Special teachers in demand
The number and variety of programmes catering to children with special educational needs (SEN) have risen significantly in recent years, particularly at international schools.
At King George V School (KGV), for example, special needs education is now offered in two ways. First, by providing individual support for children with attention and general learning-type difficulties, such as dyslexia and Asperger's syndrome. And second, through their on-site Learning Support Centre, which assists those with complex learning and physical disabilities.
All special needs students generally follow KGV's main curriculum but, where necessary, are provided with extra assistance in areas such as literacy and numeracy, explains Carol Saunders, the school's access learning director.
SEN teachers, with the support of an education assistant, ensure that children who require customised learning solutions receive the extra assistance they need, Saunders says, adding that teachers who work with such children should be flexible, patient and 'have a good sense of humour'.
Adaptability, Saunders adds, is particularly important because it is often necessary to change a lesson plan to meet the particular needs of a child at short notice. 'This can happen when a child is struggling with a curriculum topic or distracted by events outside the classroom,' explains Saunders. 'SEN skills are not only about curriculum teaching - they also involve providing social support.'
In terms of the SEN unit's overall standing in the school, 'it is something the KGV senior leadership team views as a priority, and strongly supports through the provision of resources,' says Saunders. The payoff from this investment speaks for itself, she adds, noting that exam results show the programme is clearly having a positive impact on children with individual learning requirements.
KGV currently has eight full-time SEN teachers and 10 education-assistant support staffers, which is quite a force, considering that 10 years ago, the school had just one part-time SEN teacher. Opportunities for advancement are also on the rise, says Saunders, who notes that she is 'very proud of the number of her education assistants who have gone on to become fully qualified teachers.'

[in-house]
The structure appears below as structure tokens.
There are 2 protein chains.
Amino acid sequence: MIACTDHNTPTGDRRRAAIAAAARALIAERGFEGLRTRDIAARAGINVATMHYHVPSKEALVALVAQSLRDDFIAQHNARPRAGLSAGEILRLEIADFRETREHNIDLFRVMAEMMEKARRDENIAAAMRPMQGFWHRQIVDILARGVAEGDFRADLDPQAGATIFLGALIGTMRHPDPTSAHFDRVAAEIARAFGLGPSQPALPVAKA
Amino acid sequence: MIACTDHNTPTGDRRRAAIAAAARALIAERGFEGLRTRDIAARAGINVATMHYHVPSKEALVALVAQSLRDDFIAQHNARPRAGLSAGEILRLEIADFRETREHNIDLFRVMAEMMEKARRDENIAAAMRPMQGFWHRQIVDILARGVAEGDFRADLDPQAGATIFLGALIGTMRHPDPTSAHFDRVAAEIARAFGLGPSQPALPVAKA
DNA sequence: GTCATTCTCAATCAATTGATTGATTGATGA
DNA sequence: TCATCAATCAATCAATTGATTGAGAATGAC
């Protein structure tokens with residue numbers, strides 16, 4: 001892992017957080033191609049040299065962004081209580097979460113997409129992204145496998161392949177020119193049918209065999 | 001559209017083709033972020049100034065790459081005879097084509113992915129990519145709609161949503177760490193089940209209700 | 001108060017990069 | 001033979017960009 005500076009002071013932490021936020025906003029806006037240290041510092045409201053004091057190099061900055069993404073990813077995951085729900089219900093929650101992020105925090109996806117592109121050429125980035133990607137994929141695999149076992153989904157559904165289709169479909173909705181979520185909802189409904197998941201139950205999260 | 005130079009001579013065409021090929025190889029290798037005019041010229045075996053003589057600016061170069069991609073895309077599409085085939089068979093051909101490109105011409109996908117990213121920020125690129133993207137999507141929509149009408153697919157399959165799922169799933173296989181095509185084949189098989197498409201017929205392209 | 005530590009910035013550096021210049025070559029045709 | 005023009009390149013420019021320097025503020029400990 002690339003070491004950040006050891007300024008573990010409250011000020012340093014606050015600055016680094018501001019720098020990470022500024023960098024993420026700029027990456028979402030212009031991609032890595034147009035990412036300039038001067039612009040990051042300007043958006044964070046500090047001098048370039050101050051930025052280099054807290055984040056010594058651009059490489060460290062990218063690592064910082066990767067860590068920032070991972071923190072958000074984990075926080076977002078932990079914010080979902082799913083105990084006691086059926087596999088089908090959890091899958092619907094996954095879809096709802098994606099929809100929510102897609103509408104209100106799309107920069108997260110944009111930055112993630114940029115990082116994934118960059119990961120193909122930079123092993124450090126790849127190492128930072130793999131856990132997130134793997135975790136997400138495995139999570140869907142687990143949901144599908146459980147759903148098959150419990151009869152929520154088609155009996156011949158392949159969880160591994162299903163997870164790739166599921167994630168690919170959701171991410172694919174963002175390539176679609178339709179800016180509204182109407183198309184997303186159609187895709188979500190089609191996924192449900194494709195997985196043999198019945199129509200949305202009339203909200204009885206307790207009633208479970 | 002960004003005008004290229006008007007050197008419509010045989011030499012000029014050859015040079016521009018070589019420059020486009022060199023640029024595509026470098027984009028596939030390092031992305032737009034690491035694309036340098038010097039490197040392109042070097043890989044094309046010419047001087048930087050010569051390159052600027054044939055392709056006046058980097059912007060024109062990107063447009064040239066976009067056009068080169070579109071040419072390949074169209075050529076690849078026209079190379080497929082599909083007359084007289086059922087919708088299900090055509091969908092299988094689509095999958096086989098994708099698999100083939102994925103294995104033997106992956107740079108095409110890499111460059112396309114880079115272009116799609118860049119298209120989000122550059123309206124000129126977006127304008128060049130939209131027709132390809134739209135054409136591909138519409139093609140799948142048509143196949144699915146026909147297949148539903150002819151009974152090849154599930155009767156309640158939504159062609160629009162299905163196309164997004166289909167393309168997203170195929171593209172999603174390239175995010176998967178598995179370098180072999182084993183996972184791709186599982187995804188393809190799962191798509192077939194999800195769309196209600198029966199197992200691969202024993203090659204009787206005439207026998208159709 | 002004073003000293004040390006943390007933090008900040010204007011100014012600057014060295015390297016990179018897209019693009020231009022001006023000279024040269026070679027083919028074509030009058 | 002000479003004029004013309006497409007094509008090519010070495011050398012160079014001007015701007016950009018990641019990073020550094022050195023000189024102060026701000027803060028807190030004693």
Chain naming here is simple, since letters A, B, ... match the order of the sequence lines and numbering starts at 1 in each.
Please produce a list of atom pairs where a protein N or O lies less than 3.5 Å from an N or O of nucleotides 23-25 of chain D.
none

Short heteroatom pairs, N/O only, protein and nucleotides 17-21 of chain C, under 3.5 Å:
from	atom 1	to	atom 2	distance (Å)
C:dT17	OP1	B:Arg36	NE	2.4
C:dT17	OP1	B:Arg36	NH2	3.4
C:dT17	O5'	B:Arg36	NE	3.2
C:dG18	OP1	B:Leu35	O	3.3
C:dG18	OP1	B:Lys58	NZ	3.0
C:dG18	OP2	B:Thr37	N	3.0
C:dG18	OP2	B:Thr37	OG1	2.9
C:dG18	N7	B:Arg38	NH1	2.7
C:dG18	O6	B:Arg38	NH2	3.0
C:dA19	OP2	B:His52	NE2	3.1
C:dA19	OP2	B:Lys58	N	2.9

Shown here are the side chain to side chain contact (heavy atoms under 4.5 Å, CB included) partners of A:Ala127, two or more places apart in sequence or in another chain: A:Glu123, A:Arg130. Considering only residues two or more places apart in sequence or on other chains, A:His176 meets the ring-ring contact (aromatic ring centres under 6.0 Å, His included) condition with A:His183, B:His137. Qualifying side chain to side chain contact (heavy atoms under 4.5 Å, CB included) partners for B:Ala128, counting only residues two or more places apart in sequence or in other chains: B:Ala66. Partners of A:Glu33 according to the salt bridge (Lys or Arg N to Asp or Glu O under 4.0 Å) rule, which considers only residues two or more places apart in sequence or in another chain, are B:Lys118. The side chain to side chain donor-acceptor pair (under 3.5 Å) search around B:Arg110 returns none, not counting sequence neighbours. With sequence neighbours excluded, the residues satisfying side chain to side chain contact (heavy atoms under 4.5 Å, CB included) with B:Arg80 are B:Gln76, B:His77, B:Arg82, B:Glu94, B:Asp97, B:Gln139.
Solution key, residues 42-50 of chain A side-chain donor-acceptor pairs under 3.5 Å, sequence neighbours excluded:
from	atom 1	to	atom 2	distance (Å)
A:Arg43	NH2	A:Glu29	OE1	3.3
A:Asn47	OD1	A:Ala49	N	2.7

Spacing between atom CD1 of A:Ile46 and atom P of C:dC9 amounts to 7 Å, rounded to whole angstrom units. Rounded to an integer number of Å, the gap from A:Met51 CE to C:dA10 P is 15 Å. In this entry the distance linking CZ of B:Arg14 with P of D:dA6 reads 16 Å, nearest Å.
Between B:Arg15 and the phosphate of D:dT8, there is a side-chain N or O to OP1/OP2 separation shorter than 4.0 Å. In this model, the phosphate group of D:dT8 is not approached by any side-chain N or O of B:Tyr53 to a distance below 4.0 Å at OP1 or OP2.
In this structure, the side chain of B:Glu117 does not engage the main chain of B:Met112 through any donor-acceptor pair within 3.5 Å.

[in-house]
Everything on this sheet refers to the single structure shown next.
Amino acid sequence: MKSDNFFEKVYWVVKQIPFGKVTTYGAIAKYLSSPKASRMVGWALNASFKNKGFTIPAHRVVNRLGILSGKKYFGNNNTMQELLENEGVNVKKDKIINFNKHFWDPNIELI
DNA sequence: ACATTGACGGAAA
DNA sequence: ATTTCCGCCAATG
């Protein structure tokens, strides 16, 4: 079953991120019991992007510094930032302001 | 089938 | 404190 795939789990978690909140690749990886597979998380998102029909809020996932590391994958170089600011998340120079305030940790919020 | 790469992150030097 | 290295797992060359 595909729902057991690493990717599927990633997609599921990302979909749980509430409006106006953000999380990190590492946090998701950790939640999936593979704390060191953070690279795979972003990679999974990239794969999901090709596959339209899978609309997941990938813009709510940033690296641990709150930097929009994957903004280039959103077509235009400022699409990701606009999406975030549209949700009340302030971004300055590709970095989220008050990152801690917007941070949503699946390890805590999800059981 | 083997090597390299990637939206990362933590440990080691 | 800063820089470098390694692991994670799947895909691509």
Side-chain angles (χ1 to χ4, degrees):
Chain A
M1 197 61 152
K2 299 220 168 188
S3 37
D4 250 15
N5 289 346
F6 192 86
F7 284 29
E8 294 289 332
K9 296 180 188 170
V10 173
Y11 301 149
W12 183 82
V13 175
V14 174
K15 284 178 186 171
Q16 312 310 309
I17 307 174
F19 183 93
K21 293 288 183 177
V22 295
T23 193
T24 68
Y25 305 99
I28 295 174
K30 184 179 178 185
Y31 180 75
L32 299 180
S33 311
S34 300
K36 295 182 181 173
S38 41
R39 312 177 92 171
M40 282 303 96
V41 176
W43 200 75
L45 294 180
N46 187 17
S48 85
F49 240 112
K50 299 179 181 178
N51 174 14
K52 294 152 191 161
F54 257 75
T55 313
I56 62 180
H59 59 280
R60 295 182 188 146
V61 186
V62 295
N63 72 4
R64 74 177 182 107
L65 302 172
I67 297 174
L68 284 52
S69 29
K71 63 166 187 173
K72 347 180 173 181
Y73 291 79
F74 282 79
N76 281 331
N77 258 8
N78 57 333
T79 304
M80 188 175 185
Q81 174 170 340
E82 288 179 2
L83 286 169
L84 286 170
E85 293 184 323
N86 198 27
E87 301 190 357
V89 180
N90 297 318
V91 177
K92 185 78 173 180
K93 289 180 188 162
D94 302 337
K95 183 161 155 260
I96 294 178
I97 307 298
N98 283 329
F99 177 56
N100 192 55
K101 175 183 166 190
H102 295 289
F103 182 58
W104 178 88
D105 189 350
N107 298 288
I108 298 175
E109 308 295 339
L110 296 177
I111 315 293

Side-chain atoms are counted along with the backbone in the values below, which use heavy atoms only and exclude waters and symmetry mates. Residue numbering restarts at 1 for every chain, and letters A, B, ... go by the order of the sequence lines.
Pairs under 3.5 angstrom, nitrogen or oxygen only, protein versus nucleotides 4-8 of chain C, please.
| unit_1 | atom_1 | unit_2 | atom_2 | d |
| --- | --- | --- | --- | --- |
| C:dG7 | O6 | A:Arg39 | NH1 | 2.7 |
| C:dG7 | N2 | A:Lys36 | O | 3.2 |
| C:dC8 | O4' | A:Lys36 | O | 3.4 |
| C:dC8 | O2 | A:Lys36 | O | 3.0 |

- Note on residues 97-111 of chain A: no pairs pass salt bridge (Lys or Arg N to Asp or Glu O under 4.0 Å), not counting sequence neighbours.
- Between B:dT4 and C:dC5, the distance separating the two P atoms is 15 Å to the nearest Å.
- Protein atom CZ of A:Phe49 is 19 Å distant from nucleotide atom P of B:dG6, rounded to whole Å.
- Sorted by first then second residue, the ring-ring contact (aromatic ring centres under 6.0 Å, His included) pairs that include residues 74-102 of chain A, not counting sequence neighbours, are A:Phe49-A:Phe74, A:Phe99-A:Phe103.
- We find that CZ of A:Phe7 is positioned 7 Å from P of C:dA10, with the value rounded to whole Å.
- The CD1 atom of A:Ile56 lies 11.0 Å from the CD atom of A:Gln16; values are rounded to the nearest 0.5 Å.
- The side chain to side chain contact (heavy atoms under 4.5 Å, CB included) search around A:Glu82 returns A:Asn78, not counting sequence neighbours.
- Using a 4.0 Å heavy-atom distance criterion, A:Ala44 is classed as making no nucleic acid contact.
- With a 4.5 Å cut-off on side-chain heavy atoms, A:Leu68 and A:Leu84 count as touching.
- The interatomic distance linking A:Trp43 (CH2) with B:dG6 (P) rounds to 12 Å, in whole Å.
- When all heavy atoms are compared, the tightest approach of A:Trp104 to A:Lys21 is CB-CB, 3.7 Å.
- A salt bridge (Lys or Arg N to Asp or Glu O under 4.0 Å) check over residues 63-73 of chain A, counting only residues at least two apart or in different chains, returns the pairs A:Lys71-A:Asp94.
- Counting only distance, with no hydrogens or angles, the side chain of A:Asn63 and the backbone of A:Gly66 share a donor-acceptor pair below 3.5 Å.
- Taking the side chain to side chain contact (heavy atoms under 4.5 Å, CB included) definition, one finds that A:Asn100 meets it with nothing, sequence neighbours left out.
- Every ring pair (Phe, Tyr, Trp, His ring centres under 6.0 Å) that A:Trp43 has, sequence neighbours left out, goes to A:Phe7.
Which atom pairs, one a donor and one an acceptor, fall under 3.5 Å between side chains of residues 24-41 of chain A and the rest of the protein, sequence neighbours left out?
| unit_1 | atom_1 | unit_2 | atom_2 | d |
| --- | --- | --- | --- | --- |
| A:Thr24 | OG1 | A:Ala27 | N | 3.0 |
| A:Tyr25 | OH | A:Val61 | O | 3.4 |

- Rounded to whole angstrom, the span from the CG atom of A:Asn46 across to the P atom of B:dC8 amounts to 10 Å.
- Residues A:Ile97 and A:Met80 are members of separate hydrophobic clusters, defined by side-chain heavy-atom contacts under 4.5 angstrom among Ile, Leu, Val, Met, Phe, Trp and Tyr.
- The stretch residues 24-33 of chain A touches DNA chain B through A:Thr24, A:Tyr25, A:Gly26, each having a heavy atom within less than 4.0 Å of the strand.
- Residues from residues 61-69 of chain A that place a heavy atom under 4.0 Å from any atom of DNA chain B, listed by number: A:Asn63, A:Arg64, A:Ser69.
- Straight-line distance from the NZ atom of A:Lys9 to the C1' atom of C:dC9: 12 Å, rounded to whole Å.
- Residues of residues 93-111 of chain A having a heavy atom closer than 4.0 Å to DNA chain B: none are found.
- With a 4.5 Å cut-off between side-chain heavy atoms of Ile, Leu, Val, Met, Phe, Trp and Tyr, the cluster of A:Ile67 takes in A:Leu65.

SEN teachers typically hold a first degree in teaching and a postgraduate certificate or diploma in education with a SEN specialisation, which provides them with a critical understanding of the teaching and the learning process relating to special needs.
For those interested in acquiring a SEN qualification, the Hong Kong Institute of Education offers a three-year part-time bachelor's of education on the discipline. The Open University of Hong Kong also offers a professional certificate in special needs education for children.
The Evangelical Lutheran Church of Hong Kong's (ELCHK) Lutheran Secondary School (LSS), in Yau Ma Tei, also has seen success through the integration of individual education support.
'Students with special needs are encouraged and equipped to take part in diversified school life,' says ELCHK LSS principal Kevin Liang Kwun-fan. 'We try to give students with special needs an inclusive learning environment, and promote whole-person development.'
Teachers, Liang adds, are encouraged to attend courses to further develop their confidence, experience and expertise to assist and instruct visually impaired students within the school. In addition, the school encourages the co-operation and assistance of teachers, students and staff to achieve the objectives of LSS's Inclusive Education Committee.
During the 1980s, LSS became a pioneering institution by providing inclusive education for visually impaired students. 'Under this co-operative environment, our visually impaired students have achieved both academic and extra-curricular success,' says Liang.
LSS's visually impaired students, he notes, have completed university programmes and excelled at sports, such as athletics, swimming and judo - locally and abroad.
Embracing the English Schools Foundation's ethos of inclusive learning, Carol Chapman, head of the individual needs department at South Island School (SIS), says efforts are made to develop the strengths and skills that all students have. 'The goal is always to provide the support that meets the individual needs of each child.'
Among the SIS special needs staff, Chapman notes that teachers have a diverse range of training and qualifications. 'Our teaching staff have the skills and experience to help children with special needs to become confident with who they are, and not just what they can achieve academically,' she says.